Even as these discoveries elucidate prebiotic inner workings, however, they also have led to calls for an expanded definition of what counts as a prebiotic. Gibson and Roberfroid's paper (3) stipulated that nondigestible carbohydrates—that is, oligo- and polysaccharides—as well as some peptides and lipids, serve as metabolic substrates for colonic bacteria and can thus be termed "colonic foods." Most such molecules stimulate microbial growth or metabolic activity broadly, and as such did not fit Gibson and Roberfroid's concept of "metabolic selectivity for one or a number of beneficial bacteria" (3).

However, for a variety of reasons, the requirement for a prebiotic to target specific species no longer holds, argues Laure Bindels, an assistant professor at the Université catholique de Louvain. In a review published in March 2015, Bindels et al. note that accumulating data in diverse areas, such as Crohn's disease, Clostridium difficile infection, and obesity, suggest that overall biodiversity in the microbiota is what confers benefits, and not necessarily an increase or decrease of specific populations (7). Plus, the fermentation products of one microbial species' supper can in turn feed other species. And short-chain fatty acids—widely considered the host-benefitting metabolic products of these microbes—are produced by many types of microbes, so targeting a single group, such as bifidobacteria, seems misguided. What's more, "beneficial" is a murky and outdated descriptor for a gut microbe, Bindels says. Indeed, some microbial species may act beneficially in one context but detrimentally in others. "It's not like a battle between good and evil anymore," Bindels notes.

Bindels and her colleagues propose shifting the focus from bug-counting to a functional approach. A compound is a prebiotic, she stipulates, if its metabolism by gut microbes modulates the overall composition or activity of the microbial community in ways that have beneficial effects on the host. "We think that you change the ecosystem and how it functions—the way the [microbe] interacts with the host—to get benefits," she says.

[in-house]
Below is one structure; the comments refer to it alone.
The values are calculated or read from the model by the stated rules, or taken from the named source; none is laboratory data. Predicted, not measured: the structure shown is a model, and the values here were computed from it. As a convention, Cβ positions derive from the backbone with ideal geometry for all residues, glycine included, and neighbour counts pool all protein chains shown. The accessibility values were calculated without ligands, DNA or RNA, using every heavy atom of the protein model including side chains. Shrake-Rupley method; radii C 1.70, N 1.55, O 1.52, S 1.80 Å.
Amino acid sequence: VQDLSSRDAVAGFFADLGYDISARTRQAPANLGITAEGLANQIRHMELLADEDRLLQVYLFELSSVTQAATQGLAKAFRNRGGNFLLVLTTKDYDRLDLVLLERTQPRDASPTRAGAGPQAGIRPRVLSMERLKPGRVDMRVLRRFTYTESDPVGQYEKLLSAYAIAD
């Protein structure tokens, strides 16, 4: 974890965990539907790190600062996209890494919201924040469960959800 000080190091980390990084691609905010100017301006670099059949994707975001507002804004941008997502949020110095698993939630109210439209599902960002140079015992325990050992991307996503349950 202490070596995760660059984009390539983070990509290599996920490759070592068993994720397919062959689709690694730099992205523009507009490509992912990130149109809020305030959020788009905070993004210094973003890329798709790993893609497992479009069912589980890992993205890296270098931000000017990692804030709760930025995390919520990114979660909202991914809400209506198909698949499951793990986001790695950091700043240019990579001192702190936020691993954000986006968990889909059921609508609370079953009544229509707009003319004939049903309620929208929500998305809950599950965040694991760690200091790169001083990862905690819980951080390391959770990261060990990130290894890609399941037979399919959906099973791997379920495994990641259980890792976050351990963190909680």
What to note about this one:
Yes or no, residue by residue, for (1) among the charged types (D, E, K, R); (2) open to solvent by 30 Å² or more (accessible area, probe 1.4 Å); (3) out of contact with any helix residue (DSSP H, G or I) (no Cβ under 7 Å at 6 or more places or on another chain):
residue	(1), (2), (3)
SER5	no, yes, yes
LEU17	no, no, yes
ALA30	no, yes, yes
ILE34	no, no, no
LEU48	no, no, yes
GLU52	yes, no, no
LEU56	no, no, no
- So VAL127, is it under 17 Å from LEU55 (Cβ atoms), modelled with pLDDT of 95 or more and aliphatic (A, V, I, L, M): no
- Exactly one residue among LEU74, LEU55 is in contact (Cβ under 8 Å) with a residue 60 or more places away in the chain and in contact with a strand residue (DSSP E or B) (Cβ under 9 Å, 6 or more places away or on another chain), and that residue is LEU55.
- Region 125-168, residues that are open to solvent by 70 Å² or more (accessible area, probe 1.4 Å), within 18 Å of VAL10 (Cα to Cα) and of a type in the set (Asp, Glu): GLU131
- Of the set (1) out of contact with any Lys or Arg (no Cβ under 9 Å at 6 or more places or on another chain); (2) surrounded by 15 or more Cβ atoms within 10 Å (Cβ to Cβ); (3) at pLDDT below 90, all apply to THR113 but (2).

These differences may seem subtle, but they are important, says Robert Hutkins, a professor of food science at the University of Nebraska, Lincoln. "It's possible that a prebiotic might not even result in a significantly measurable change in the number of a particular taxon," he says, but it certainly might change the functional properties of the community by changing the expression of various metabolic enzymes, for example.

One vocal objector to Bindels' suggested revision is Gibson. "If we deviate away from the original intentions as she seems to want, then it just opens the floodgates for lots of 'wannabe' materials to be classified as prebiotics—wrongly!" he says. "Bad for producers who have reliable products, bad for consumers who become more confused, but good for industries who have materials they want to class as prebiotics but cannot under the existing criteria."

On December 7 and 8, the International Scientific Association for Probiotics and Prebiotics debated the matter, with plans to produce a consensus paper for the field.

Hutkins acknowledges that changing the definition might well mean researchers have to rethink what qualifies as a prebiotic. He points to a recent study suggesting that riboflavin, known as vitamin B2, has prebiotic properties because it contributes to the metabolism of a gut microbe, Faecalibacterium prausnitzii (8), although the vitamin isn't itself metabolized by the bacteria. Removing the requirement for fermentation or metabolic transformation may take the concept too far from its original intent, he says. On the other hand, several carbohydrates that currently aren't on the short list of well-established and accepted prebiotics perhaps should be, he adds.

For his part, Roberfroid says the field must look beyond simply giving a thumbs-up or a thumbs-down to specific compounds. "The approach we had in 1995 is only a very small part of the story," he says. "We cannot reduce the prebiotic definition [based on] what we know about inulin." Rather, he says, the focus should be on figuring out how to apply the concept of prebiosis most effectively to feed the microbes in our guts. "Extracting specific [prebiotic] products is not the major message for me. The major message is increasing the diversity of the food we eat in order to increase the diversity of and functional benefits conferred by our microbiota."